The African Development Bank Group’s Board of Directors approved $73.81 million on December 9, 2022 in Abidjan to fund the Sudan Emergency Wheat Production Project under the Bank’s African Emergency Food Production Facility.
The Sudanese economy is based primarily on agriculture, which accounts for 60% of all exports and produces a third of the country’s GDP. More than half of the country’s workforce is employed there.
Sudan, the third-largest nation by land area, has long experienced severe food insecurity as a result of a variety of factors, including economic downturn and hyperinflation, population displacement brought on by conflict, and subpar agricultural harvests.
The current global increases in food and energy prices, which have also had a significant impact on the nation, have made the situation worse. Since 2021, the price of sorghum and millet has increased by 150–200%, while the price of wheat has increased by almost threefold. This is due to the fact that 60–70% of the wheat Sudan uses is imported, primarily from Russia and Ukraine. Inflation has been fueled by a triple-digit increase in energy and fertiliser prices.
The African Development Bank’s funding will support the large-scale procurement and delivery of certified seeds of varieties that are adapted to the climate, fertilisers, and extension services for smallholder farmers. The project is anticipated to increase wheat production from the current level of 630,000 tonnes to 1.52 million tonnes in just two years. The programme will benefit about 400,000 smallholder farming households, 40% of which are headed by women. The spin-offs along the value chains for wheat, seeds, and fertiliser will also benefit nearly 800,000 casual workers.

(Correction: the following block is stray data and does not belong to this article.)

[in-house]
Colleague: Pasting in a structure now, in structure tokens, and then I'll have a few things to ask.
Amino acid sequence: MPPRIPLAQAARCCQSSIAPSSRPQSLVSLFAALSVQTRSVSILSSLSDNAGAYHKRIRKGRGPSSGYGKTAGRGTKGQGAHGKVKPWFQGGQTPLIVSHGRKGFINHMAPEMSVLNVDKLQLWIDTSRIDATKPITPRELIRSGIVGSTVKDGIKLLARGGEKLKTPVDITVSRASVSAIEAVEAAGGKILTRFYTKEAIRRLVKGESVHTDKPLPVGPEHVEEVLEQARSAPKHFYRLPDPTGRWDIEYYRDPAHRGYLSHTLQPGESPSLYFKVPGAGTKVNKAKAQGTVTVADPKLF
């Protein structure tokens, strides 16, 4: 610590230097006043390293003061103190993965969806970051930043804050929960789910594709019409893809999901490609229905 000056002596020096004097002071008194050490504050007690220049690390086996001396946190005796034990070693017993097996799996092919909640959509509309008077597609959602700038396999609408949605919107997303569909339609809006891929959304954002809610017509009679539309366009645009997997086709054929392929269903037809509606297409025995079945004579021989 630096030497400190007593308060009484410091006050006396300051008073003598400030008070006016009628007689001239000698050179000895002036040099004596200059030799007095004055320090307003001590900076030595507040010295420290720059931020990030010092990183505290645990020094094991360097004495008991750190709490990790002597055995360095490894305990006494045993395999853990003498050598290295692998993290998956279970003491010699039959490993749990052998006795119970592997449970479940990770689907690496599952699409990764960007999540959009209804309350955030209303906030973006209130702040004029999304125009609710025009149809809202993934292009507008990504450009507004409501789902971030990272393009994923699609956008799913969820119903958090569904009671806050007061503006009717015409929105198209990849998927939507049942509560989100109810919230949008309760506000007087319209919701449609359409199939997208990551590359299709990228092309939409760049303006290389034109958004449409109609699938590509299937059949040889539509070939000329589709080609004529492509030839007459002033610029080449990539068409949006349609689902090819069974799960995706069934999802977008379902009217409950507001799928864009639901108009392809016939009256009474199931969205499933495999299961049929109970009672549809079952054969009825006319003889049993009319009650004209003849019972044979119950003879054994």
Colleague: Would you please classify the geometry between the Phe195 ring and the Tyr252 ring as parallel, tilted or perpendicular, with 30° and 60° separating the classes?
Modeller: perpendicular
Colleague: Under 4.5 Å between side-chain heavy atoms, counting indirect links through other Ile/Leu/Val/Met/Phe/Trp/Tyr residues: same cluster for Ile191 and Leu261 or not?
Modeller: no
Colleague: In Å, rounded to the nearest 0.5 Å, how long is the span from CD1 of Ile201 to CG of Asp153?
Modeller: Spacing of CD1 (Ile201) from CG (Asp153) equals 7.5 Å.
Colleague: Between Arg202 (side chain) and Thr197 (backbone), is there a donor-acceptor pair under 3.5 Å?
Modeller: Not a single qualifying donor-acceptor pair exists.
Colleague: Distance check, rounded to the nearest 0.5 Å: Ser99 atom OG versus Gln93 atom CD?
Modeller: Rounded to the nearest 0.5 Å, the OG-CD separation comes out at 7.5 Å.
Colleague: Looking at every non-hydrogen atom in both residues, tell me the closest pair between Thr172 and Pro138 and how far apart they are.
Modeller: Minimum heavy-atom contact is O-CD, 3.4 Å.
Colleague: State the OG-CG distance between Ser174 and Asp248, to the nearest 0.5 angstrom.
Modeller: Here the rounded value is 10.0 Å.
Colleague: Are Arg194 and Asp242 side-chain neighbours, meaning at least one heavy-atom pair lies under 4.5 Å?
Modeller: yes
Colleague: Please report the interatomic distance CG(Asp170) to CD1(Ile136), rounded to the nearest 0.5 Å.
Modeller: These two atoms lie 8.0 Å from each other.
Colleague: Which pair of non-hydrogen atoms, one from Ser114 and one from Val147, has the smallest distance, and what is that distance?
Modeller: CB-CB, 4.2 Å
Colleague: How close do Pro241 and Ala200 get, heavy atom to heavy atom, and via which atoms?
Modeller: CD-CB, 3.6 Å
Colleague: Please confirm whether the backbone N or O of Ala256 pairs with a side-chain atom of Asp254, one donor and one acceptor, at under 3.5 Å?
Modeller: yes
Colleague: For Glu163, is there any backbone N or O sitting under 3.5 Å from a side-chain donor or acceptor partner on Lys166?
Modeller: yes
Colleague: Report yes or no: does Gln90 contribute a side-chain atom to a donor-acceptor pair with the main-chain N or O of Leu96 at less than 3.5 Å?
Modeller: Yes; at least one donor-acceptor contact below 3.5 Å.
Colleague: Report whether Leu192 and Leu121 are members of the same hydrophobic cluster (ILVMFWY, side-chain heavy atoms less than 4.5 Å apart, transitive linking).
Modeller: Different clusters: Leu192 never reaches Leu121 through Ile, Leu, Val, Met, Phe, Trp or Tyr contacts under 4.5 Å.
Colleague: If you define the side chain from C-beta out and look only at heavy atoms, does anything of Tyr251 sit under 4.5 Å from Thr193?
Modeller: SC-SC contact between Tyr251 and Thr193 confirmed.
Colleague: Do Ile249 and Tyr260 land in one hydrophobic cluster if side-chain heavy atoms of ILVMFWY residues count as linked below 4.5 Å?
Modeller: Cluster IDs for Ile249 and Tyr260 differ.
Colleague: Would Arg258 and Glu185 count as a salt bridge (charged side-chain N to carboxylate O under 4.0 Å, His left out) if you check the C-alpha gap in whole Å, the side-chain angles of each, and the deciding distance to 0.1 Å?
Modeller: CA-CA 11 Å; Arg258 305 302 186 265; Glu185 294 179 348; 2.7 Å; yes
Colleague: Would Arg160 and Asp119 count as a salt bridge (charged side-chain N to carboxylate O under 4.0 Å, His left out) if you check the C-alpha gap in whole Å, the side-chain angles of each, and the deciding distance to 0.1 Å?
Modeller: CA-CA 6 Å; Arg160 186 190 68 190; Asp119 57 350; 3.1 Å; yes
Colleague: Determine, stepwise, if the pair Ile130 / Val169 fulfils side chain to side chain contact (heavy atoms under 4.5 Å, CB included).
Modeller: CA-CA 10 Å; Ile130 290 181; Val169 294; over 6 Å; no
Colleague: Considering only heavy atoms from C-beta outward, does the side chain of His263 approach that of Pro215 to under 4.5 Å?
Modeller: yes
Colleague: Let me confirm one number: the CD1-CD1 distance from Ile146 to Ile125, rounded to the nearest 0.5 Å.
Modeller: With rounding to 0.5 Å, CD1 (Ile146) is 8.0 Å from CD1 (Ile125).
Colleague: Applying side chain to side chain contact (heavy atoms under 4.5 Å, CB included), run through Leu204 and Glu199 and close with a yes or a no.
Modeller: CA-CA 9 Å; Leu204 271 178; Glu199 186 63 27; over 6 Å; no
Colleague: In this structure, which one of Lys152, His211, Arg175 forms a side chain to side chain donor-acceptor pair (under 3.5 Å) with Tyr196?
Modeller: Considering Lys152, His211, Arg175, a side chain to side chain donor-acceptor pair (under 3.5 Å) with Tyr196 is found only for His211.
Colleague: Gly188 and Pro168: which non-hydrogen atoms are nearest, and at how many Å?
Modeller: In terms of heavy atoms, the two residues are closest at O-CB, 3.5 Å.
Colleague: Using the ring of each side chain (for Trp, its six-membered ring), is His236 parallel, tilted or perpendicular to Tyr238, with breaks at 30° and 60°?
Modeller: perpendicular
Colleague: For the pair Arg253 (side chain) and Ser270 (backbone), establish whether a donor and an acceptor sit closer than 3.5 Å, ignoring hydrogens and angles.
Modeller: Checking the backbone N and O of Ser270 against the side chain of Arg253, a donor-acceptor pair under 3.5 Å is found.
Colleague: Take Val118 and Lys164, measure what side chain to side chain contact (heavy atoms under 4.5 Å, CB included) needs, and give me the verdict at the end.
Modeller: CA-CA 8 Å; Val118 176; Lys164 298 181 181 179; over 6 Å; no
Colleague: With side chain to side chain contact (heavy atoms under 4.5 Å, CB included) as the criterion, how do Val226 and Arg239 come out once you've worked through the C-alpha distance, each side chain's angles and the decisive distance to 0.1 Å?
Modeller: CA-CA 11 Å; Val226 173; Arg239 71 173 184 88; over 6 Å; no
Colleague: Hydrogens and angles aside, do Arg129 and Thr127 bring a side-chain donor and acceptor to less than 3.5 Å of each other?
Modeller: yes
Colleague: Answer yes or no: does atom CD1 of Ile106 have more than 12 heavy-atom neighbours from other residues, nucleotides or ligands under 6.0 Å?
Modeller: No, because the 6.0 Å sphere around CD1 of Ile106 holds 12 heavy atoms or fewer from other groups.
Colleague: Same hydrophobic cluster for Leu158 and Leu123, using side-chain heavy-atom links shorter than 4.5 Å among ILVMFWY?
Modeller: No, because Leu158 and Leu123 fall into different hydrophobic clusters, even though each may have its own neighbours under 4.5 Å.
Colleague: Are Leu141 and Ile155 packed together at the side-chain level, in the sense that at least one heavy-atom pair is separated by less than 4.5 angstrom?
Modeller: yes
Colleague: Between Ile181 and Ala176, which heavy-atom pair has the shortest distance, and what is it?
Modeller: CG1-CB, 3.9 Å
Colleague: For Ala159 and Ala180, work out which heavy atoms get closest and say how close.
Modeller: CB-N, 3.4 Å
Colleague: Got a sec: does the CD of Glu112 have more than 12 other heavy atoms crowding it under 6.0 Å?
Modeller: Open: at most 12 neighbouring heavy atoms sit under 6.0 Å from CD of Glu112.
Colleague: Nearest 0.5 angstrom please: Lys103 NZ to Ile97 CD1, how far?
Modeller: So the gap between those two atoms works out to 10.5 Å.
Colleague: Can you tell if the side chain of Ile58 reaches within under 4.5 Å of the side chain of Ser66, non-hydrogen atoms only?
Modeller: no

“Sudan, with the largest irrigated area in sub-Saharan Africa, has enormous potential not only to become self-sufficient in wheat, but also to become an exporter,” says Nnenna Nwabufo, African Development Bank’s Director General for East Africa.
The project targets small-scale farmers, seasonal workers, seed producers, and agricultural traders in Sudan’s main wheat-growing regions, such as Al-Jazira, New Halfa, Upper Nile, and White Nile, which have large irrigated areas and are more resilient to climate change.
The World Food Programme in Sudan will implement the project.
“The Sudan Emergency Wheat Production Project (SEWPP) will benefit from the spillovers and lessons learned from previous projects the Bank has financed in the country,” said Mary Monyau, the African Development Bank’s Country Manager in Sudan. Notable among the successful projects is the Technologies for African Agricultural Transformation (TAAT) Wheat initiative (2018-2021), which has revamped the Sudanese wheat́ sector and increased yields from 1.5 to 2.3 tonnes/hectare and production from less than 350,000 tonnes to 1.1 million tonnes in just five years (from 2014 to 2019).
In May 2022, the Bank established the $1.5 billion African Emergency Food Facility to assist African nations in preventing a looming food crisis brought on by the disruption of food supplies brought on by the conflict in Ukraine.
With a total commitment of $486.2 million, the Bank currently has 19 operations in Sudan. With investments totaling $272.3 million, or 56% of the portfolio, the agricultural industry benefits the most.